Poland syndrome (PS) is often suspected clinically when chest defects with or without an ipsilateral limb defect are detected in newborns or children. Diagnosis of PS can occur at any age and some cases may present with complaints unrelated to the syndrome itself. The varying age at which diagnosis occurs can be linked to the extensive spectrum of presentation severity, particularly in individuals with uncomplicated PS and normally developed hands. One noticeable characteristic of PS, affecting both males and females, is the absence of the anterior axillary fold. In females, this deformity can manifest as anything from underdeveloped breasts (breast hypoplasia) to the complete absence of a breast (amastia). The presence of accompanying defects in the same side of the chest and limb can signal a more serious form of PS.4
Accurate diagnosis of PS often requires imaging modalities. A chest X-ray can show lung field hyperlucency on the affected side, which resembles a “postradical mastectomy picture” as described in the literature. Both CT and magnetic resonance imaging (MRI) scans are commonly used to determine the extent of musculoskeletal lesions and to aid in surgical decision-making for reconstruction.5
The management of PS depends on the severity of the clinical features. In mild cases, no treatment may be required and affected individuals may not experience any significant functional or cosmetic issues. However, in moderate to severe cases, surgical intervention may be necessary to correct the chest wall deformities and improve respiratory function. Surgical reconstruction for PS typically involves the use of tissue expanders, autologous tissue transfer, or implants.6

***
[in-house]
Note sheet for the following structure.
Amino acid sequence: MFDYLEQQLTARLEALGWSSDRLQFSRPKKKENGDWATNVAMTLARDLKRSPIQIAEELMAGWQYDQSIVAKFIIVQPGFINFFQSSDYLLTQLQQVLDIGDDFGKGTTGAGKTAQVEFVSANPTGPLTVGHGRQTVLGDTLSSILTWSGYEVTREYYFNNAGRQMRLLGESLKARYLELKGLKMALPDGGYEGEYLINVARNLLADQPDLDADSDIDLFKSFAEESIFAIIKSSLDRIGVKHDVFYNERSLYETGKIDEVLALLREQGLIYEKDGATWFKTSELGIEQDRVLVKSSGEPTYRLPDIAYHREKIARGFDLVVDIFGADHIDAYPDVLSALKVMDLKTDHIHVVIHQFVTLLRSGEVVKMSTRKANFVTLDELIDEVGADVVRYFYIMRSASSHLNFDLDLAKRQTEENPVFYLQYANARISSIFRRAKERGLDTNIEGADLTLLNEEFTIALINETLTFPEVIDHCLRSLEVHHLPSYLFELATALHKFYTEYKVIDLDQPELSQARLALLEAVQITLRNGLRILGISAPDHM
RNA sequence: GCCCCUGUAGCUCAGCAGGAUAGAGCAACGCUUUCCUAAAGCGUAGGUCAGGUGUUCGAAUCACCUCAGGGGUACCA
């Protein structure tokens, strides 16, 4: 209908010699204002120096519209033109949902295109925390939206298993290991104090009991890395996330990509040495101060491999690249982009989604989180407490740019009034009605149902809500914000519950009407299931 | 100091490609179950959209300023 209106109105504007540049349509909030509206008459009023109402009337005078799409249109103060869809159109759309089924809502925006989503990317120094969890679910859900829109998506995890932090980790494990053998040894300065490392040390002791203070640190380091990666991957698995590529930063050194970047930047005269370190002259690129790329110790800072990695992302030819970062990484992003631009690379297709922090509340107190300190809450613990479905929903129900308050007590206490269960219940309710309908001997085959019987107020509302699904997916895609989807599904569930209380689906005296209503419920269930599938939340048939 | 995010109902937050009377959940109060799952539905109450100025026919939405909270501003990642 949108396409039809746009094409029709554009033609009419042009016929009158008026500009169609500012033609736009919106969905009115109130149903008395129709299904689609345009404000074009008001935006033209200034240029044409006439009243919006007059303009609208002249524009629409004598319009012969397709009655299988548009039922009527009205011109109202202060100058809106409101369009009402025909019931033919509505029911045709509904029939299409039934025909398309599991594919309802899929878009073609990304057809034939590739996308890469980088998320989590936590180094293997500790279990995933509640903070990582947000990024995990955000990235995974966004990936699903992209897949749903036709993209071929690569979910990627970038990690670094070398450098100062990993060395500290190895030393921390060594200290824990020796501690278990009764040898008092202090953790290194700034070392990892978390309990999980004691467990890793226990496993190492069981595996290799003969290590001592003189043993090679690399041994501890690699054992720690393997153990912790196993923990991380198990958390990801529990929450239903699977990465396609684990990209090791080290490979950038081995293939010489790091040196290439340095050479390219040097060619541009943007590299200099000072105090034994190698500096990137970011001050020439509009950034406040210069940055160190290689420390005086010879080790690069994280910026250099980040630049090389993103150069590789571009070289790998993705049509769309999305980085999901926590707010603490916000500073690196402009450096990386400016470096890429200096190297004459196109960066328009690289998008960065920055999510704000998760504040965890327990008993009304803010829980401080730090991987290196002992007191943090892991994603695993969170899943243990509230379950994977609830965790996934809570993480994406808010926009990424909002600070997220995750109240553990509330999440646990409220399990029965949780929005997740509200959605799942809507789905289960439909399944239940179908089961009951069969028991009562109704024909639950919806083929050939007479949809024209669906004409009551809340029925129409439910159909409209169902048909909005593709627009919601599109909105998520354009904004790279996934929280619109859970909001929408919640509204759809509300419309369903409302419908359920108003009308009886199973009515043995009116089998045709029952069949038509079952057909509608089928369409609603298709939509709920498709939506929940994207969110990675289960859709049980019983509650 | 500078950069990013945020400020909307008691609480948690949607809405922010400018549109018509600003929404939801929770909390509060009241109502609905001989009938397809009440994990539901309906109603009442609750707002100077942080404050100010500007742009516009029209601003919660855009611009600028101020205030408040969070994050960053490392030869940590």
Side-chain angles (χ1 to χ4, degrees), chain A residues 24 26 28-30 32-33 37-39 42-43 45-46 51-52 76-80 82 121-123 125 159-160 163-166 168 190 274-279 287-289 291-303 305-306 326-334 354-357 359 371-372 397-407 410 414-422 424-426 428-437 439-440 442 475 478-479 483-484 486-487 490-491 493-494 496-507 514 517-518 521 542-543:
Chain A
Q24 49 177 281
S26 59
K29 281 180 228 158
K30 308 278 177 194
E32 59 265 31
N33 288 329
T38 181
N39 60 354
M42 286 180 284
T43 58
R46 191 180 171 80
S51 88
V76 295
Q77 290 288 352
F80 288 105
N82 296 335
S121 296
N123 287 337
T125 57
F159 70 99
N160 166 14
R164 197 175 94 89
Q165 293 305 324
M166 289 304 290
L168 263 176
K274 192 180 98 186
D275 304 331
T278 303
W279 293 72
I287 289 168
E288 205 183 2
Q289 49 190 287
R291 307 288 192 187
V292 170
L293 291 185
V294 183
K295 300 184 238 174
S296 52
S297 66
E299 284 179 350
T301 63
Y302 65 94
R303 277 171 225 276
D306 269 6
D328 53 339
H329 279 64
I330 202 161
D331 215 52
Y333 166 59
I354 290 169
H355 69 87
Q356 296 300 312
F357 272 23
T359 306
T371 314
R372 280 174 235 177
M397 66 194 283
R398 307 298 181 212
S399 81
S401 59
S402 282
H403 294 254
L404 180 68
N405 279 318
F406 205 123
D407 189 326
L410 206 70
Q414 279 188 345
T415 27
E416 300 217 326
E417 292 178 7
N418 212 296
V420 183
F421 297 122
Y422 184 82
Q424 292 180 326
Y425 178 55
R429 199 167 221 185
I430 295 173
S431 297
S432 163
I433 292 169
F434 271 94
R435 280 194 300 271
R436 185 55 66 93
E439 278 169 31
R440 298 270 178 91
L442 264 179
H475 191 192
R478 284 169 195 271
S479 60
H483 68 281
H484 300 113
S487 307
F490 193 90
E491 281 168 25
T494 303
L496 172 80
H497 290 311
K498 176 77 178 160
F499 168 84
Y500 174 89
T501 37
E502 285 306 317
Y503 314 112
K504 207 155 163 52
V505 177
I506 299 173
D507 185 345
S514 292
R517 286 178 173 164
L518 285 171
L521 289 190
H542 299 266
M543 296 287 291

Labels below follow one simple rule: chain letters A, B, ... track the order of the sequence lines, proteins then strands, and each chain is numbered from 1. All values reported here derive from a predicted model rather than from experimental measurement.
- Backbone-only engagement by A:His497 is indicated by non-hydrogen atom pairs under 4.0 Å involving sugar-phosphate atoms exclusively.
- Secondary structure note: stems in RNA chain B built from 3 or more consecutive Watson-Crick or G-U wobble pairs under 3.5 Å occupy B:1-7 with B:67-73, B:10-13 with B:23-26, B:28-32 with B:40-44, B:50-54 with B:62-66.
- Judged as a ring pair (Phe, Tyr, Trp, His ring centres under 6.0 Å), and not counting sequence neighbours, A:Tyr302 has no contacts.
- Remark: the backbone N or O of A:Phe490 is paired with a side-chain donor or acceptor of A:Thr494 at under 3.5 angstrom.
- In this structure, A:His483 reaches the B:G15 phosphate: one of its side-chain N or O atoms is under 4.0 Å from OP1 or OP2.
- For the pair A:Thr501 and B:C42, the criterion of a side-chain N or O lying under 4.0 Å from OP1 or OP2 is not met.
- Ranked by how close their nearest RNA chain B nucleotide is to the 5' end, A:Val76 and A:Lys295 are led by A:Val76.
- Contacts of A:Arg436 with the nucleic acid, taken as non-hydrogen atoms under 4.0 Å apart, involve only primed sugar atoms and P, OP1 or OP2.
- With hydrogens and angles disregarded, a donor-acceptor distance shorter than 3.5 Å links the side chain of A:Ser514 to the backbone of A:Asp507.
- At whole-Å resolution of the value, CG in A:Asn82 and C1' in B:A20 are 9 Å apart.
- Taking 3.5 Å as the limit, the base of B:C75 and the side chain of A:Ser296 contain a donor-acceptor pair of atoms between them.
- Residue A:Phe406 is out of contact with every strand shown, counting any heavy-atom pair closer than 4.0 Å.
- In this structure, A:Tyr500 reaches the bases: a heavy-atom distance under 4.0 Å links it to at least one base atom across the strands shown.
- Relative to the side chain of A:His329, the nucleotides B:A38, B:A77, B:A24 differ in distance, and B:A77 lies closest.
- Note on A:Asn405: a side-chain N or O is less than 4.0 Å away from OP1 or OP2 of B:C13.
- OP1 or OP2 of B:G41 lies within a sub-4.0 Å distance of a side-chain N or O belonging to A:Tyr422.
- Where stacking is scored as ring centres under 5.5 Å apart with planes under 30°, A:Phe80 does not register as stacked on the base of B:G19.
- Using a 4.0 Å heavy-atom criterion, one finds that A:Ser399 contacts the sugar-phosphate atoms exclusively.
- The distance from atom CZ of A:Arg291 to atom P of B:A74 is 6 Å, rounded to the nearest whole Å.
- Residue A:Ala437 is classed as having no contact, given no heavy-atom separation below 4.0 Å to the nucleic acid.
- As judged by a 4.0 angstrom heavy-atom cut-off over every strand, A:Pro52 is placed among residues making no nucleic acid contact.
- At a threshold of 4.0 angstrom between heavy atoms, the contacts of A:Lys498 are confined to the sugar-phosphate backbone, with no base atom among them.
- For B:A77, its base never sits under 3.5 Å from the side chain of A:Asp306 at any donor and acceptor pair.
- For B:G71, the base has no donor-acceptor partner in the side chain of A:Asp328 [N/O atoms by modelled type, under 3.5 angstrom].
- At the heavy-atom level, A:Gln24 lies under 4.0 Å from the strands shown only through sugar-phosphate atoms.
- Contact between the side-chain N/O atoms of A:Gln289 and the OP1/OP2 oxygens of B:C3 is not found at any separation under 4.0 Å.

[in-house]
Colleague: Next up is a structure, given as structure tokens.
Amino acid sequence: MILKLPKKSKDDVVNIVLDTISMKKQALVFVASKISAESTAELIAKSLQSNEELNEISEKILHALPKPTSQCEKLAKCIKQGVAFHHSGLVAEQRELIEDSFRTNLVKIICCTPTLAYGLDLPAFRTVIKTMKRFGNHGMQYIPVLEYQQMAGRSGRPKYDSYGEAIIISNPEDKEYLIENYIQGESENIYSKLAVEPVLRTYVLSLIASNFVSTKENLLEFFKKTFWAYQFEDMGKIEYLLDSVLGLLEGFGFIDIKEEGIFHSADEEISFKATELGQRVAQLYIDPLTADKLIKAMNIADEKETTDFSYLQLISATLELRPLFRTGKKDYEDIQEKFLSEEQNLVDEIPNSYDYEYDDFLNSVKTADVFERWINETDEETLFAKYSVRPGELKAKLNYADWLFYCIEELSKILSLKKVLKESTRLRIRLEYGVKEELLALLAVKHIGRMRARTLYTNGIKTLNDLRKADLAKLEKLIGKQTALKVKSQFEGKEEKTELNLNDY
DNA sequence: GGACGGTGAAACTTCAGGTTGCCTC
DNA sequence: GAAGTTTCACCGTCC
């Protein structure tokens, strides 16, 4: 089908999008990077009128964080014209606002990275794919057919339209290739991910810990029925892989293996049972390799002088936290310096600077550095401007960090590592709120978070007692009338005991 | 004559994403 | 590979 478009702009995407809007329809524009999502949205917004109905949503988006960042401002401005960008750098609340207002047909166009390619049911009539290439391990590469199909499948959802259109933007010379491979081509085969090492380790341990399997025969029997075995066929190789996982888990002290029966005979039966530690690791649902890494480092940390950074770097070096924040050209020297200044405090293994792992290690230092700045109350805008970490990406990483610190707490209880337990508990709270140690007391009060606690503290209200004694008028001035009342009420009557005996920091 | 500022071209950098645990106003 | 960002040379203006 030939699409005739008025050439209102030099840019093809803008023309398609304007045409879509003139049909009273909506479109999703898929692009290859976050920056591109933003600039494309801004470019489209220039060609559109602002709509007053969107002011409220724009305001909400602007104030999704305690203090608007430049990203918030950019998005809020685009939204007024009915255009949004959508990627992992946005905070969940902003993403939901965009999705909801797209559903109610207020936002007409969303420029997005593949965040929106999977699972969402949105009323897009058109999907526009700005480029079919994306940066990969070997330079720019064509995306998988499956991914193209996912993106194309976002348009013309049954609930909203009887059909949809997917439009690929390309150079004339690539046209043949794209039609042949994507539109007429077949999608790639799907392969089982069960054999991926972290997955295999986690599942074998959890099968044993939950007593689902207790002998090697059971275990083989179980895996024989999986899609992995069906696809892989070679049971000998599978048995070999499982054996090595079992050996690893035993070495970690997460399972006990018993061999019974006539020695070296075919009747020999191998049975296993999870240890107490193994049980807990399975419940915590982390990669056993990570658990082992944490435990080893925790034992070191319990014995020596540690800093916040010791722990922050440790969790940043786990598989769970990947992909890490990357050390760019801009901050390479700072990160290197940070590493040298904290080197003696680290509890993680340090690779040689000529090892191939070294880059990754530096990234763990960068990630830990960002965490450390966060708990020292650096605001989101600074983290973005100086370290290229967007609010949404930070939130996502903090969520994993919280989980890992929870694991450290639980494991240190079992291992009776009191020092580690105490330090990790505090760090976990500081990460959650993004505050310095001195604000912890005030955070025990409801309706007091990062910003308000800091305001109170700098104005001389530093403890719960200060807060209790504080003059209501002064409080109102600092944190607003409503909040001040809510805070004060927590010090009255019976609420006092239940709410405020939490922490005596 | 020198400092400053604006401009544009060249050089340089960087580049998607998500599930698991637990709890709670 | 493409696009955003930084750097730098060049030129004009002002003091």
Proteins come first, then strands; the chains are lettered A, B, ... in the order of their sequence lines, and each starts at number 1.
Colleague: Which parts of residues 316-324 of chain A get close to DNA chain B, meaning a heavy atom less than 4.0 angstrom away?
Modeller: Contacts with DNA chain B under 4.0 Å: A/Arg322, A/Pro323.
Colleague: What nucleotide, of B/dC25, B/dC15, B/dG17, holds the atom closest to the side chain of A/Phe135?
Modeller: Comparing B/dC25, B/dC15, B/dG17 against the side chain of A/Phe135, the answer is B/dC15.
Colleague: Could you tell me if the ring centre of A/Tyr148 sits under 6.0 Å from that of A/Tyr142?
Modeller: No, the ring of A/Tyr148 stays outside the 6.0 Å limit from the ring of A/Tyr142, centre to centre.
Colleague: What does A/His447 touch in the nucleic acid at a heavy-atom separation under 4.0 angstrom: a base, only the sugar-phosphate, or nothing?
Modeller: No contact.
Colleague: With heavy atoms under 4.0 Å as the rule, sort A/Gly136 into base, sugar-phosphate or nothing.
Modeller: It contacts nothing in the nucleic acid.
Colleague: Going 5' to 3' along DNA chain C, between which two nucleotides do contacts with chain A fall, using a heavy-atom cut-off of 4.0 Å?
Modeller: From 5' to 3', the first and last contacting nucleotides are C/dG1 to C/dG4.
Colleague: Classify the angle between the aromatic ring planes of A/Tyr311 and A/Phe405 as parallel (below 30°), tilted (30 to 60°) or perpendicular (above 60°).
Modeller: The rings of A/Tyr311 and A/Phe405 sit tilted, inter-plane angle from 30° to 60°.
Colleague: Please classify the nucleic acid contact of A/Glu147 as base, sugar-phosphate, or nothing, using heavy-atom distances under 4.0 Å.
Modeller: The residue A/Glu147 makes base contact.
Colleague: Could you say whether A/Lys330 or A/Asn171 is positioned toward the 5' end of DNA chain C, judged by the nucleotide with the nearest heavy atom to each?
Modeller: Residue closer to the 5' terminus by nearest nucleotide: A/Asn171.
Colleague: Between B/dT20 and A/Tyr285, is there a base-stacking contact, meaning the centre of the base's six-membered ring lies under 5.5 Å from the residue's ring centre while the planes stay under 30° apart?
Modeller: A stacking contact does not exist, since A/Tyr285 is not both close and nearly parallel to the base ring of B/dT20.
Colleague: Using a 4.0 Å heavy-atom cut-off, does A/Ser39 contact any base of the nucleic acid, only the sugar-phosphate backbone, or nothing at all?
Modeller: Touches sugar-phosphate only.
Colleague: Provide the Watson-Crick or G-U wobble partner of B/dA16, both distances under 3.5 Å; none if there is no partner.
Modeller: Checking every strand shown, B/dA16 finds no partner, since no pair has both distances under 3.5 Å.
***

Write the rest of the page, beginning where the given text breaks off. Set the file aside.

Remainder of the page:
Poland syndrome (PS) is a rare congenital anomaly identified by unilateral hypoplasia or absence of the pectoralis major and minor muscles. It can present with a wide range of clinical features, including chest wall deformities, scoliosis, and respiratory distress. Diagnosis is based on clinical features and imaging studies, and management depends on the severity of the clinical features. Surgical intervention may be necessary in moderate to severe cases and affected individuals may also benefit from physical therapy, rehabilitation, and psychological counseling. Early diagnosis and appropriate management can help improve the quality of life of affected individuals.
This case is important because the underdevelopment of the chest wall can have a significant impact on the respiratory system, leading to shortness of breath or difficulty breathing. This is because the chest wall plays a critical role in the mechanics of breathing, particularly during inhalation. The chest muscles, ribs, and breastbone work together to expand the chest cavity and create negative pressure, allowing air to enter the lungs. When these structures are underdeveloped or absent, the chest cavity may not expand fully, leading to decreased lung capacity and difficulty breathing.
Shortness of breath in individuals with PS can be particularly pronounced during physical activity or times of stress. This is because the demand for oxygen increases during these times, and the respiratory system may struggle to meet this demand when lung function is impaired. In addition to the physical effects, shortness of breath can also have a psychological impact on individuals with PS, leading to anxiety, social isolation, and decreased quality of life.
Anurag Tripathi https://orcid.org/0000-0001-5299-7584
Hemant Kumar https://orcid.org/0000-0001-7525-1435
Deepak Sharma https://orcid.org/0000-0002-7729-5770
Shubhra Srivastava https://orcid.org/0009-0001-4963-3955
2. Van Allen MI. Fetal vascular disruptions: mechanisms and some resulting birth defects. Pediatr Annal 1981;10(6):219–233. DOI: 0090-4481/81/060219